Zimbabwe: Statelessness crisis traps hundreds of thousands in limbo

Amnesty International | 16 April 2021, 05:49 UTC

Amnesty International/Tsvangirai Mukwazhi


Hundreds of thousands of people trapped in the misery of statelessness in Zimbabwe have been forced to the margins of society, and struggle to access education, healthcare and housing, Amnesty International said today in a new report. The organization interviewed descendants of migrant workers who settled in Zimbabwe pre-independence, as well as survivors of the Gukurahundi massacres of the 1980s; two groups locked out of citizenship by a cruel combination of discrimination and bureaucracy.


"For Zimbabwe’s stateless, everyday life is filled with obstacles. Accessing education, healthcare and employment can be a nightmare, and the sense of exclusion and rejection is soul destroying"

Muleya Mwananyanda, Amnesty International's Deputy Director for Southern Africa


The report, We are like “stray animals”, details how Zimbabwe’s discriminatory and arbitrary nationality laws have left generations of migrant workers and their families marginalized in the only country they have ever called home. Meanwhile, thousands of survivors of the horrific Gukurahundi massacres, one of the bloodiest episodes of Robert Mugabe’s rule, are denied citizenship because they cannot provide the death certificates of relatives, which are required to prove Zimbabwean nationality.


“For Zimbabwe’s stateless, everyday life is filled with obstacles. Accessing education, healthcare and employment can be a nightmare, and the sense of exclusion and rejection is soul destroying,” said Muleya Mwananyanda, Amnesty International’s Deputy Director for Southern Africa.


“The Zimbabwean authorities must take concrete action to address this crisis, including mapping and registering all stateless people. Authorities must ensure laws are in line with Zimbabwe’s own Constitution, as well as international human rights law.”


In Zimbabwe, approximately 300,000 people are currently at risk of statelessness, according to the United Nations High Commissioner for Refugees. Lack of official data means that the exact number is unknown.


Migration and statelessness


Amnesty International research lays bare the devastating consequences of statelessness on the eve of 41 years of independence where many hoped to live in a country where they are treated equally, regardless of their political affiliation or ethnicity. The current statelessness crisis in Zimbabwe has its roots in colonial history. The British colonial government largely depended on cheap migrant labour from Malawi, Mozambique and Zambia to grow its industries.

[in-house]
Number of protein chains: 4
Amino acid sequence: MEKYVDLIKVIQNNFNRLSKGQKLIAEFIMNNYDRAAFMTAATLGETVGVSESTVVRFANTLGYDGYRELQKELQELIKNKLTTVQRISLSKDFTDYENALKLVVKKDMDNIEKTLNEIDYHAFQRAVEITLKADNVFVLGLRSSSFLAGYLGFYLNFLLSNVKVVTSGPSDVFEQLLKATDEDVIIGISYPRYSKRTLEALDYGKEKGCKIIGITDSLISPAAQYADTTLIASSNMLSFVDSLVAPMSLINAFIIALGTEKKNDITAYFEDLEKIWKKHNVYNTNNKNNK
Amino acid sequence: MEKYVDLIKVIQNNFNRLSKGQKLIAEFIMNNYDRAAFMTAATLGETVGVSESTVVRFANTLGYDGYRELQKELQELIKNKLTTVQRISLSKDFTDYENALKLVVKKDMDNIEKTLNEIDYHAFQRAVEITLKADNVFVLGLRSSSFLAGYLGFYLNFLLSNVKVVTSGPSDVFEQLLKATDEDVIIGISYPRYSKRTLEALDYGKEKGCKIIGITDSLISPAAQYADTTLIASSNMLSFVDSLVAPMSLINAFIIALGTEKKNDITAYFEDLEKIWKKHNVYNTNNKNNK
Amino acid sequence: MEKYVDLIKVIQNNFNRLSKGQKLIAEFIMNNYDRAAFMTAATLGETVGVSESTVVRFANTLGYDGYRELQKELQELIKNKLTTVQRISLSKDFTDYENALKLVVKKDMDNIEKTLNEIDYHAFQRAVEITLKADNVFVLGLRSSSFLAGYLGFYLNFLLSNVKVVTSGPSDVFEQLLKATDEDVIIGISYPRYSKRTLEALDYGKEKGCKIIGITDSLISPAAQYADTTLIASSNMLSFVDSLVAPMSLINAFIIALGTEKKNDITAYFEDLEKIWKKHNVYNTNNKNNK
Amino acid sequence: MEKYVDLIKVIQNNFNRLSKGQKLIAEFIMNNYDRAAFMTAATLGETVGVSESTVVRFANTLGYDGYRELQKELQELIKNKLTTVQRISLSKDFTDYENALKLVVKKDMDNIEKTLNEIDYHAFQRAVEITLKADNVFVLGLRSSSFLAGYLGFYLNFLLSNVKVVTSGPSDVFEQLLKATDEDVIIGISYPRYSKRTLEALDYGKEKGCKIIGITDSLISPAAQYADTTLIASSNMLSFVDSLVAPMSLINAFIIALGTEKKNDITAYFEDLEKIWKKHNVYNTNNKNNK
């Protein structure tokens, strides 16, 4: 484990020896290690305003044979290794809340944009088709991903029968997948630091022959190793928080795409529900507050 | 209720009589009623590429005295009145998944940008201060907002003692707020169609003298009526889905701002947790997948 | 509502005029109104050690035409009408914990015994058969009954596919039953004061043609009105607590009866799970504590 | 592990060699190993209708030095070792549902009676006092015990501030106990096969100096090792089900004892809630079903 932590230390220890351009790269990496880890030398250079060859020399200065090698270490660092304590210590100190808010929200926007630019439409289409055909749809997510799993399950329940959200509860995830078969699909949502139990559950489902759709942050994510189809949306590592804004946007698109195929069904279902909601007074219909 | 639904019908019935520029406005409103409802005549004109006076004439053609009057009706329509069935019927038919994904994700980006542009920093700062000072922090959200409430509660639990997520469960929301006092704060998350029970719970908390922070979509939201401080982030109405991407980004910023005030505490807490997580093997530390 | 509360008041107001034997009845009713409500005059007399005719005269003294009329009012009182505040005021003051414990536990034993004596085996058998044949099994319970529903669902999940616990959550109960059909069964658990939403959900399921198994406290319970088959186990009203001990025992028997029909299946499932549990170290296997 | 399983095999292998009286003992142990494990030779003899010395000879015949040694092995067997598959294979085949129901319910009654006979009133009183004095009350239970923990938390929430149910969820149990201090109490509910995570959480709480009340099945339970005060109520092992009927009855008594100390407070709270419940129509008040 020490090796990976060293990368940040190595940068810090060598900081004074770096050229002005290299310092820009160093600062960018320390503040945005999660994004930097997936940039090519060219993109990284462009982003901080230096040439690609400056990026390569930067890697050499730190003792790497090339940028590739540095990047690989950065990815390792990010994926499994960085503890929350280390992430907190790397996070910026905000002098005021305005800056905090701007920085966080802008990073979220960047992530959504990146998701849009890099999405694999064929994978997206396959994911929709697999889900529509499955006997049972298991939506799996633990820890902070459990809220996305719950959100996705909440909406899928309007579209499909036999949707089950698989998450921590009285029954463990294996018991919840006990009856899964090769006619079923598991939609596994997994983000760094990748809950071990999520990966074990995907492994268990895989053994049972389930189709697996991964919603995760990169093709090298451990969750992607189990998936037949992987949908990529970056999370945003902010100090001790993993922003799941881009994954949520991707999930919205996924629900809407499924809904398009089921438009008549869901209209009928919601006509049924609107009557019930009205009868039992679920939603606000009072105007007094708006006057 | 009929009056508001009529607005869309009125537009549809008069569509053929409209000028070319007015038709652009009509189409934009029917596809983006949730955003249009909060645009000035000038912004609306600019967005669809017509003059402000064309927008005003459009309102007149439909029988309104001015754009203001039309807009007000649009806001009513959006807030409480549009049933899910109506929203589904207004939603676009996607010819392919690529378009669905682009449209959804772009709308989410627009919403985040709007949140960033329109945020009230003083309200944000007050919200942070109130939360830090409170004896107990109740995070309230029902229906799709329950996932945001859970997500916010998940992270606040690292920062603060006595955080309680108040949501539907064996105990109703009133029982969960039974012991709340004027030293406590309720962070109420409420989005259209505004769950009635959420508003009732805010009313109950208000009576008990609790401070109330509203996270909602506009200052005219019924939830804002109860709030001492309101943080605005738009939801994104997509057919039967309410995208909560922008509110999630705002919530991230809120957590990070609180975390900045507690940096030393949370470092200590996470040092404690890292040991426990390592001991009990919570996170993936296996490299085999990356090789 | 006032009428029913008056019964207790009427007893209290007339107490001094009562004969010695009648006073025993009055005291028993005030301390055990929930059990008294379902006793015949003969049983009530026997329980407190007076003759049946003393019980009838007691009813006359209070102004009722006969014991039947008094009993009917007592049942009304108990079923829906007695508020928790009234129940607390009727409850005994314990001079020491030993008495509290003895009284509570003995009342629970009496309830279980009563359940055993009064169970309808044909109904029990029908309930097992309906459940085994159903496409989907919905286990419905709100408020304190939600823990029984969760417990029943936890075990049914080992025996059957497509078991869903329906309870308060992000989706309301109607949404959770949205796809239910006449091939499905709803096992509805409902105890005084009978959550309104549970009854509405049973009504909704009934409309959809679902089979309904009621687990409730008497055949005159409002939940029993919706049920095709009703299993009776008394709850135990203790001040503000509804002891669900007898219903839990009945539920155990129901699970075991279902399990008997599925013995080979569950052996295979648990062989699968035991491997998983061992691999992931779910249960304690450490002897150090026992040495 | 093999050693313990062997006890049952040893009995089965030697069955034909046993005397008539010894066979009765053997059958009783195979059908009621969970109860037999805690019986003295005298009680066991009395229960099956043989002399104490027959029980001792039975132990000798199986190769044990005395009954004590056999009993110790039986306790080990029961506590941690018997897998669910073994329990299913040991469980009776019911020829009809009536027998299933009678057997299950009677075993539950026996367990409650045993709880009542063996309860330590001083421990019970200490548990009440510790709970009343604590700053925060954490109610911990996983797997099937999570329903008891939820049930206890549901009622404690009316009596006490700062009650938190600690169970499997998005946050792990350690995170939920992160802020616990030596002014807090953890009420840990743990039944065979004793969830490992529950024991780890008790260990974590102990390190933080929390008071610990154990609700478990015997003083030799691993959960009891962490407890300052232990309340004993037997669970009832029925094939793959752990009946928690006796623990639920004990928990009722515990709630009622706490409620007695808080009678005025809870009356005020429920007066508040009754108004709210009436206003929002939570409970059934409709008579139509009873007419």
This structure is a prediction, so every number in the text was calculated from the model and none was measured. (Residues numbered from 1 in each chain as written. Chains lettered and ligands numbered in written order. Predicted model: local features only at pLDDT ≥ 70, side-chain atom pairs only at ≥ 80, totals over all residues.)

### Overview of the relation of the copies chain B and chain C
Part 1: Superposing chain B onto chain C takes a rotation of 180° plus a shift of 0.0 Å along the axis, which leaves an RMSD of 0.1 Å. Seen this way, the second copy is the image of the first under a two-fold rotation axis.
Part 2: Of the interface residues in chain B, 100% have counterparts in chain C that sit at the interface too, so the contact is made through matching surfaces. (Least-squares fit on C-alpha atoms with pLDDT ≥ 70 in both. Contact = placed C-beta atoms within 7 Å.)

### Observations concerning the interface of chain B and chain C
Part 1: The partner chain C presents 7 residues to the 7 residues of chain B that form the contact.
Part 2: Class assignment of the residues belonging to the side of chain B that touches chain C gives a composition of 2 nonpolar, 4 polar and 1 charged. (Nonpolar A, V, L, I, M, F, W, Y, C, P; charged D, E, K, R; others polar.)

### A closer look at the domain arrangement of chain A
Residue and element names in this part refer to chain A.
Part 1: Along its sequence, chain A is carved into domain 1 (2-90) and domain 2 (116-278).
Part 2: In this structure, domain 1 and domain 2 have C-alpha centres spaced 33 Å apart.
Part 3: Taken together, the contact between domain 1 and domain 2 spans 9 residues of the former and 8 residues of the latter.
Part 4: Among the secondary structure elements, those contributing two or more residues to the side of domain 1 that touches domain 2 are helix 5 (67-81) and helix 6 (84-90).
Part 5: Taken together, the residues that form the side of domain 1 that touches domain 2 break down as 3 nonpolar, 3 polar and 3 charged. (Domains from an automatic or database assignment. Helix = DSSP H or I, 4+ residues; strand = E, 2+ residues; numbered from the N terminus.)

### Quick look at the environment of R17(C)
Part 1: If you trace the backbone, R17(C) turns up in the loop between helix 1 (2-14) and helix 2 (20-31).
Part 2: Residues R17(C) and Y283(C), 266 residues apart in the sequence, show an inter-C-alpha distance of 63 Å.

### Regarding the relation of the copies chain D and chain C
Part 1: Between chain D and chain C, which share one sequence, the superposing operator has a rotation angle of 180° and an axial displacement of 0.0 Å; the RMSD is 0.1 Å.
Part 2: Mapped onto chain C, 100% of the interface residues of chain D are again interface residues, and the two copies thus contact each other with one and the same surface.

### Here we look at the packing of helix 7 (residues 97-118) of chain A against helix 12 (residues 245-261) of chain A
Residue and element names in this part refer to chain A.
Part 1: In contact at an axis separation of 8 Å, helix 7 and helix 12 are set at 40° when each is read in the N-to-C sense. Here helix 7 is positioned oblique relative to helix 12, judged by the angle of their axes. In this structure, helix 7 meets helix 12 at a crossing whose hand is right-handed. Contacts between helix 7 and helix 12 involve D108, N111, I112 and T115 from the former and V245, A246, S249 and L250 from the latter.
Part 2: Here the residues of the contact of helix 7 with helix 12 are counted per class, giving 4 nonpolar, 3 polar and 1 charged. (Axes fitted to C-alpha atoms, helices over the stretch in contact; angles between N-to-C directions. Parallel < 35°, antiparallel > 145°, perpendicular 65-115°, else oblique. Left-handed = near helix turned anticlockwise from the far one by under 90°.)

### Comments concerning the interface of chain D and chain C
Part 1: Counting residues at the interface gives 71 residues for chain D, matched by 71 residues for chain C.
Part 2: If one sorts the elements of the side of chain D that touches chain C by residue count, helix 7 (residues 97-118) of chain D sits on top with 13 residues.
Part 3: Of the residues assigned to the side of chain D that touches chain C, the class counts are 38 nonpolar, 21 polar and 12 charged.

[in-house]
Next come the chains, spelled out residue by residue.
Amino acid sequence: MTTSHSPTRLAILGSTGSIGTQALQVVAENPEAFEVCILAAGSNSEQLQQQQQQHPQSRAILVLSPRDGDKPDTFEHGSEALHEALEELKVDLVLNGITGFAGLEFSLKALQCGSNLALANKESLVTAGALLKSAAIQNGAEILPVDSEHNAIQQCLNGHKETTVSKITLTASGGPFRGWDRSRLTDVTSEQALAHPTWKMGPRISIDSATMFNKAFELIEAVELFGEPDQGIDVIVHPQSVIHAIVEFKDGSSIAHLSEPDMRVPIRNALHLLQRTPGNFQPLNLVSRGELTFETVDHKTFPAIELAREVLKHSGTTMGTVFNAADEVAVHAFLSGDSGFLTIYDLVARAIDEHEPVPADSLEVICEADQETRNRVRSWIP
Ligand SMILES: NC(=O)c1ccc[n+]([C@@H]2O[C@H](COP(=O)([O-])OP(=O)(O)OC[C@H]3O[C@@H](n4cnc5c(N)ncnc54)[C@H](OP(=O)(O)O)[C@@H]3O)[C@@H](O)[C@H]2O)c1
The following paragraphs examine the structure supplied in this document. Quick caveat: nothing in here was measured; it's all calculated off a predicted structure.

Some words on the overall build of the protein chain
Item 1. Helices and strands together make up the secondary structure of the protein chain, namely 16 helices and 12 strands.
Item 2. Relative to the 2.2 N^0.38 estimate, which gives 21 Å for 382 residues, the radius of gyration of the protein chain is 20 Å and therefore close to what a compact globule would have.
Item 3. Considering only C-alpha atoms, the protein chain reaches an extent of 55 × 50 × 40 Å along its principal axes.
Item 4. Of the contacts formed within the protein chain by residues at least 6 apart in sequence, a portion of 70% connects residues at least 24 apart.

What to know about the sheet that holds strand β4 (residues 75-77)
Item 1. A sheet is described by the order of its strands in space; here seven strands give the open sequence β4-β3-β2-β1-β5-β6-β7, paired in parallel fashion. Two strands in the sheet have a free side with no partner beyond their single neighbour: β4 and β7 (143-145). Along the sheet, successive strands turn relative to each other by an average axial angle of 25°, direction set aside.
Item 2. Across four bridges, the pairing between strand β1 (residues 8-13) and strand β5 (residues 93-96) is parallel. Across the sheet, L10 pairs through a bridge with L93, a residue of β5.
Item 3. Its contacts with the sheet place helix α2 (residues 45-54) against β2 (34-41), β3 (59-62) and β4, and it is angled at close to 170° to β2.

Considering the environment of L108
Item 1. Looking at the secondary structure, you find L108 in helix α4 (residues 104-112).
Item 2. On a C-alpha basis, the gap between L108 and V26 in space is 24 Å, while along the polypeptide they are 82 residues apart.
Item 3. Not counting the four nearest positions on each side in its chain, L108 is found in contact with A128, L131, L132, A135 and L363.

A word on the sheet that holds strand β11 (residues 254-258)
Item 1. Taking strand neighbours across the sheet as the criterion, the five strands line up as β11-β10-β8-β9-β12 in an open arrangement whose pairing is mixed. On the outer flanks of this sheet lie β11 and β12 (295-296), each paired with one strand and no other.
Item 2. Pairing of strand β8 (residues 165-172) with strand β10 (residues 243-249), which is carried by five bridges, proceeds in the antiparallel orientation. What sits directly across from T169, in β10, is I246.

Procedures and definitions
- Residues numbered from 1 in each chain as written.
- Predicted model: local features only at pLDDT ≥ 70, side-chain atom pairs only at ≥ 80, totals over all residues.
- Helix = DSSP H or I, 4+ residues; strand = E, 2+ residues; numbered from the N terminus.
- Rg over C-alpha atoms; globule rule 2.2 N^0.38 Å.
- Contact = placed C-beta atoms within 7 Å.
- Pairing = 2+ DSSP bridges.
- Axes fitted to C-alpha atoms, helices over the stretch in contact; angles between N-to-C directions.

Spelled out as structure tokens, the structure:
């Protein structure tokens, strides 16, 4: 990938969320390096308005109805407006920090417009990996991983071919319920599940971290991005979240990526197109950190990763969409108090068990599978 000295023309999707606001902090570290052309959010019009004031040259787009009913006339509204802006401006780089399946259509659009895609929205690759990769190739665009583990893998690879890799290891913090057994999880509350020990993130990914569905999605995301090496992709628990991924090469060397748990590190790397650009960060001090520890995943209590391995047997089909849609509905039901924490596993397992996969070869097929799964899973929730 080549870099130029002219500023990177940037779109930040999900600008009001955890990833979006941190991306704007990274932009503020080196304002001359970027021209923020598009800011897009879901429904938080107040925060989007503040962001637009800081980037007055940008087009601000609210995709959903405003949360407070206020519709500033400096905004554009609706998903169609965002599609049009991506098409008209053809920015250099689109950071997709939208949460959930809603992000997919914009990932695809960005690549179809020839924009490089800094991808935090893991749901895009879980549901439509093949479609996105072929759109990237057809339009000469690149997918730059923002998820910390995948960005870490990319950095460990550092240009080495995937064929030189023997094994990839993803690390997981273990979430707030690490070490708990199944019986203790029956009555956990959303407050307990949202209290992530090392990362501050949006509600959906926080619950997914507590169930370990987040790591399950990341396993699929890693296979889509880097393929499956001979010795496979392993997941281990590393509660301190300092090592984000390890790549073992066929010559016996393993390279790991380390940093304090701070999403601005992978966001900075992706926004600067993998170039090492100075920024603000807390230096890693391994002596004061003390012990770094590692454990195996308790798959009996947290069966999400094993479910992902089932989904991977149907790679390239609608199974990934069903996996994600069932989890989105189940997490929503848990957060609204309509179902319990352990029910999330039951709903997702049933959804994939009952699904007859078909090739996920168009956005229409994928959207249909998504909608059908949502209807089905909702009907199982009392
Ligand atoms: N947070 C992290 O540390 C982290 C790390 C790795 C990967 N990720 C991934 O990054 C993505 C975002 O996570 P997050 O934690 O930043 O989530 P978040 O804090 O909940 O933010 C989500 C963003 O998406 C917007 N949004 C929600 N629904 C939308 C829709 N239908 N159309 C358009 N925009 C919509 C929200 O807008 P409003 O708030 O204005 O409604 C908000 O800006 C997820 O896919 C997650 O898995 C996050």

"The Zimbabwean authorities must take concrete action to address this crisis, including mapping and registering all stateless people. Authorities must ensure laws are in line with Zimbabwe’s own Constitution, as well as international human rights law"

Muleya Mwananyanda


After independence in 1980, Zimbabwean authorities passed a series of discriminatory laws which have, over the years, effectively excluded, marginalized and disenfranchised the descendants of these workers.


For example, the 1984 Citizenship of Zimbabwe Act 23 was used to arbitrarily deprive persons of “foreign origin” of their right to a Zimbabwean nationality, even though most were entitled to citizenship under the Constitution. Section 43 of Zimbabwe’s Constitution states that any resident who was born in Zimbabwe to parents with a claim to citizenship of any SADC state - including Malawi, Mozambique, Zambia and South Africa - is a Zimbabwean citizen by birth.


The Citizenship Act is not yet aligned to the Constitution and continues to be used by the Ministry of Home Affairs to deny citizenship arbitrarily and unfairly to descendants of migrant workers. In so doing the Citizenship Act gives almost unfettered discretion and arbitrary powers to both executive and junior officials to deny people their constitutional rights.


In 2001, a new law required descendants of migrant workers to renounce their ancestral nationality within six months, in order to be granted Zimbabwean citizenship. Many people were unable to do so because they did not hold the requisite identity documents. To be granted Zimbabwean citizenship, they first needed to prove that their parents had been nationals of other countries.


One man, Alex, whose father was Zambian, said: “I have no idea how I can locate my parents’ relatives as I have never been to Zambia.”


Alex does not have death certificates for either his father or his Zimbabwean mother. As a result, he has been denied citizenship, which prevented him from going beyond Grade 7 at school and means neither of his children have birth certificates.


Precarious futures


In this way, the legal limbo of statelessness is perpetuated across generations. Parents are denied birth certificates for their children if they cannot present their own, leaving their children facing precarious futures.


Without the necessary identity documents, many stateless children are unable to access education. Those who do attend school are often forced to drop out, or prevented from sitting their final exams.


Lulamani, a 23-year-old woman, said:


“Life has been difficult and painful. I was brilliant at school, but I did not sit my final exams. Now I can’t get a decent job.”


One man Amnesty Interviewed, Petros, said:


“My eldest child in primary school cannot play soccer for the school like other children because he does not have a birth certificate.”